•"This is an internal conflict. We are not part of the conflict," Eritrea's Foreign Minister Osman Saleh Mohammed.
Eritrea's government denied on Tuesday an accusation by the leader of Ethiopia's Tigray region that its troops had crossed the border in support of a federal government military offensive against the restive northern state.
"This is an internal conflict. We are not part of the conflict," Eritrea's Foreign Minister Osman Saleh Mohammed told Reuters by telephone.
Ethiopian troops took an airport in the Tigray region during an offensive against local leaders defying Prime Minister Abiy Ahmed's authority, state media said on Tuesday, as the African Union (AU) called for an end to bloodshed.
Hundreds have been killed in an escalating conflict that some fear could slide into civil war given deep animosity between the Tigrayans and the government of Abiy Ahmed, who comes from the largest Oromo ethnic group.
Various Tigrayan forces surrendered during the seizure of Humera airport, near the border with Sudan and Eritrea, while the military also captured a road leading from the town to the Sudanese border, the Fana broadcaster reported.
The Ethiopian Press Agency posted photos that it said showed federal soldiers, backed by forces from the neighbouring Amhara region, at the airport.
However, Humera residents were going about their lives normally, the local government's communication office said citing Tigray TV, without commenting on the status of the airport.
Foreign media had no access to Tigray on Tuesday and Reuters could not confirm the reports. There was no immediate response from the Tigray People's Liberation Front (TPLF), which governs the state of more than 9 million people.
Abiy, who won the Nobel Peace Prize in 2019, ordered air strikes and sent troops into Tigray last week after accusing the TPLF of attacking a military base. Tigrayans say Abiy's government oppresses and discriminates against them and behaved autocratically in postponing a national election.
The AU bloc called for peace talks and a ceasefire. "The chairperson (Moussa Faki Mahamat) appeals for the immediate cessation of hostilities and calls on parties to respect human rights and ensure the protection of civilians," it said.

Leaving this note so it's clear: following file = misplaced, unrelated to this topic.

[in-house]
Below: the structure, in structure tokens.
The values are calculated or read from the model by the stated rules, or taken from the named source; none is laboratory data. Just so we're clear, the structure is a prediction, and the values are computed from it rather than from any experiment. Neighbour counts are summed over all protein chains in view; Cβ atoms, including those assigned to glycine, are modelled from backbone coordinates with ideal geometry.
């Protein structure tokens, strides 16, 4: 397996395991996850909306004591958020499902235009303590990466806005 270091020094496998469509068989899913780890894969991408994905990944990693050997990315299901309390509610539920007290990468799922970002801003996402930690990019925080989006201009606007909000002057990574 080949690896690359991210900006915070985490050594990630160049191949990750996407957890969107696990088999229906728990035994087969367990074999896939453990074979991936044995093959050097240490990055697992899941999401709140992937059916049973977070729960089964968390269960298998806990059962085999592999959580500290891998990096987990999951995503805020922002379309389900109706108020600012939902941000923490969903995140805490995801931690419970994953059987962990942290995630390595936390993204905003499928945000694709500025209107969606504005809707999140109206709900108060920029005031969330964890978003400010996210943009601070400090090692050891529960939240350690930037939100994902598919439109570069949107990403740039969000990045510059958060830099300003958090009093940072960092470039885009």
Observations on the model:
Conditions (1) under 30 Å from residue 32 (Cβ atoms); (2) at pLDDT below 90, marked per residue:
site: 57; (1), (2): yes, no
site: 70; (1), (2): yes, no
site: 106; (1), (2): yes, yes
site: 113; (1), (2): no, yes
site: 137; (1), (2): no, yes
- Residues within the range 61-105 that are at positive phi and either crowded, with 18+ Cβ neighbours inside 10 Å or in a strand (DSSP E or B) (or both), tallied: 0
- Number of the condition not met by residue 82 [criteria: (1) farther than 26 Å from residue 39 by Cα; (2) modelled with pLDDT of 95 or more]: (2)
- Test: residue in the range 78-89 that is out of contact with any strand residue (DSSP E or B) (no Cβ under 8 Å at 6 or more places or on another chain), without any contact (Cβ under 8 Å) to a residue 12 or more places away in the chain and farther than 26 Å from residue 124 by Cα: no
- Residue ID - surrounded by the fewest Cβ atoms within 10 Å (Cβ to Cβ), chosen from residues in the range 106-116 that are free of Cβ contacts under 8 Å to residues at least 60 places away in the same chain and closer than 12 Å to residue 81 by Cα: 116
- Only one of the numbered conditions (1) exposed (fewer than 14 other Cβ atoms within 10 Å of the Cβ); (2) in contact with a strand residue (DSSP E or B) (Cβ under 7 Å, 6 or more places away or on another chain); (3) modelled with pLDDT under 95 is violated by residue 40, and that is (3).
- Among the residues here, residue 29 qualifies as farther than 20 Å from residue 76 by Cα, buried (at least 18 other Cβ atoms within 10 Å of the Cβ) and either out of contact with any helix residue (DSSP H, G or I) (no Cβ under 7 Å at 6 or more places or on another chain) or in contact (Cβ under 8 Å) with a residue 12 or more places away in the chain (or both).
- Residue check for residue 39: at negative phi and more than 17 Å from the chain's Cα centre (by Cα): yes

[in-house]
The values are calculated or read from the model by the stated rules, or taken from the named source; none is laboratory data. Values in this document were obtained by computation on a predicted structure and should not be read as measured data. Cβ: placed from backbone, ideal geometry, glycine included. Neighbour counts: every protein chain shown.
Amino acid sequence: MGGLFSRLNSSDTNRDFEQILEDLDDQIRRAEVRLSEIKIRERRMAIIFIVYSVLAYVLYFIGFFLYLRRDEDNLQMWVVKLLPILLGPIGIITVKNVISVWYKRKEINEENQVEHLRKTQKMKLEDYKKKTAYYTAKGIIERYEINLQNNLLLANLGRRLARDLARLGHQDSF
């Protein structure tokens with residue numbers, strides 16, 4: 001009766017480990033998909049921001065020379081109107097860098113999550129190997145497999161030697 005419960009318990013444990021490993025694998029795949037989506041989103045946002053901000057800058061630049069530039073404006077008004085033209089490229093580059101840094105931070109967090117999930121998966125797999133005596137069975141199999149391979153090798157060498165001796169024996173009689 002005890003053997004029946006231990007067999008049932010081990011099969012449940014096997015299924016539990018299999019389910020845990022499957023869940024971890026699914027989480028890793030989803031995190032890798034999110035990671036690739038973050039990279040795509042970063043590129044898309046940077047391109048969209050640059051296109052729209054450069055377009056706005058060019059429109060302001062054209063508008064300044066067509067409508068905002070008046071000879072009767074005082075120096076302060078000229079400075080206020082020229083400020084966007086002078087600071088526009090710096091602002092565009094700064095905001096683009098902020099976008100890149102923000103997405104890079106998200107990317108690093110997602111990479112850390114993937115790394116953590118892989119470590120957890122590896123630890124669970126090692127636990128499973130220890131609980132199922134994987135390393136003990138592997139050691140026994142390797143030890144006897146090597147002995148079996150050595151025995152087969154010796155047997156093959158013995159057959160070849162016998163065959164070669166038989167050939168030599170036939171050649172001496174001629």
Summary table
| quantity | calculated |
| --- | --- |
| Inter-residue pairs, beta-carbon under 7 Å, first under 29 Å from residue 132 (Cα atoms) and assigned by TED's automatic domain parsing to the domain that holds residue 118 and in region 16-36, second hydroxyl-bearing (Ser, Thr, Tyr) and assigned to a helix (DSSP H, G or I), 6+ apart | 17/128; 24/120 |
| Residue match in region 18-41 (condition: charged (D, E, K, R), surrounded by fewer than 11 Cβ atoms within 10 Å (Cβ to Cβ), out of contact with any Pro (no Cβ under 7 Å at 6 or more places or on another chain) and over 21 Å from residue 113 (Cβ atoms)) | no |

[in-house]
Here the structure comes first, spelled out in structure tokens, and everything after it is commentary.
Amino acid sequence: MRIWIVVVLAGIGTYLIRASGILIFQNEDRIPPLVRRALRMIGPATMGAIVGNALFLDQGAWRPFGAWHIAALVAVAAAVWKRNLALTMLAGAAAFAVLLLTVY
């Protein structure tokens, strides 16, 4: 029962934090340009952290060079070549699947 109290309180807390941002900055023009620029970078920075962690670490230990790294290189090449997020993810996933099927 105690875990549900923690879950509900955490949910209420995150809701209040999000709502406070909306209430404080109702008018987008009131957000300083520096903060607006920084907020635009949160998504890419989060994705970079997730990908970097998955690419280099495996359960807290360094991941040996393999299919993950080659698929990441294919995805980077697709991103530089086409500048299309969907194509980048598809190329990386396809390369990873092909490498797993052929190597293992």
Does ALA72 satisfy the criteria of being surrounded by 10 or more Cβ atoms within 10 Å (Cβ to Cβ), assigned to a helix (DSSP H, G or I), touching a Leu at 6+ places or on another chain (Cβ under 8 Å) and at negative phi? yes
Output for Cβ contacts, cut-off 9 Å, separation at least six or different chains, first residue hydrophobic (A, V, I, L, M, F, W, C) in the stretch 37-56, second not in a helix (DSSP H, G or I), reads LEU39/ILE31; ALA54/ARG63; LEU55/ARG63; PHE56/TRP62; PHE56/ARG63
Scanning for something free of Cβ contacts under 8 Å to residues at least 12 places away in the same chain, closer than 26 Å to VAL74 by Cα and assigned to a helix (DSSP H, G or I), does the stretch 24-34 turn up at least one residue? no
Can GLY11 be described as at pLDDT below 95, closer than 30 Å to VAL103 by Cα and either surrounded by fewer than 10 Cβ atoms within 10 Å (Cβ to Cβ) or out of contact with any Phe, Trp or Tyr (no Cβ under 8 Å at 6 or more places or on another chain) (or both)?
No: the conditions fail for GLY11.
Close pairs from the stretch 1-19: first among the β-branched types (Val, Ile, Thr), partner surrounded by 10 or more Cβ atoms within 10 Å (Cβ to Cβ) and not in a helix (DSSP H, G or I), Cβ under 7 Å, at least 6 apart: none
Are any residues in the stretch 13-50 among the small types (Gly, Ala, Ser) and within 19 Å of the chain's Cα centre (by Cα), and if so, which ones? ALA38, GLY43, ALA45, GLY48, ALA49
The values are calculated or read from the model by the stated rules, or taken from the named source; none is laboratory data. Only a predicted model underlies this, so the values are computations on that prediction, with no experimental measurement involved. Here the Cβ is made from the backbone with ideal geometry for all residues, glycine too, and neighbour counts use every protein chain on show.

Some Ethiopians, including soldiers, have begun crossing into Sudan amid fears of a refugee crisis, residents in the region and Sudanese state media say.
Reuters reporters on Monday travelling in Tigray and Amhara saw trucks packed with militia fighters and pickups with mounted machine-guns rushing to the frontline in support of the federal government push.
Warplanes have bombed arms depots and other targets, both sides say, while aid workers and security sources have reported heavy fighting on the ground.
Military and security sources in Amhara, on the side of the federal troops, have spoken of 500 deaths on the Tigrayan side and hundreds also from the national military.
Abiy's spokeswoman denied suggestions from some diplomats that he was ignoring mediation efforts and endangering stability in the poor and turbulent Horn of Africa region.
"There is no rebuffing of anyone by the prime minister. He had acknowledged and given gratitude for the concerns shown," the spokeswoman, Billene Seyoum, told Reuters.
"Nevertheless, Ethiopia is a sovereign nation and its government will ultimately make decisions in the long-term interest of the country and its people."
The 44-year-old prime minister is Africa's youngest leader and won his Nobel prize for democratic reforms and for making peace with Eritrea. But his militancy against Tigray has alarmed diplomats and a full-scale war could further damage an economy already reeling from the coronavirus crisis.
Abiy, a former soldier who once fought alongside Tigrayans against Eritrea, took over in 2018 after a Tigrayan-led government had dominated politics since rebels from their region toppled Marxist military rule in 1991.
But his attempts to open up a repressive political climate also led to an explosion of ethnic problems, with hundreds killed and hundreds of thousands forced to flee their homes in clashes over the last two years.
Abiy believes he can quell the Tigrayan leadership militarily, diplomats told Reuters, though they are a battle-hardened group from a 1998-2000 war with Eritrea and the defeat of dictator Mengistu Haile Mariam in 1991.
TPLF forces and militia allies number up to 250,000 men and possess significant hardware, experts say.
"Our law enforcement operations in Tigray are proceeding as planned: operations will cease as soon as the criminal junta is disarmed, legitimate administration in the region restored, and fugitives apprehended & brought to justice — all of them rapidly coming within reach," Abiy tweeted on Tuesday.
The TPLF has called him "merciless" with air strikes.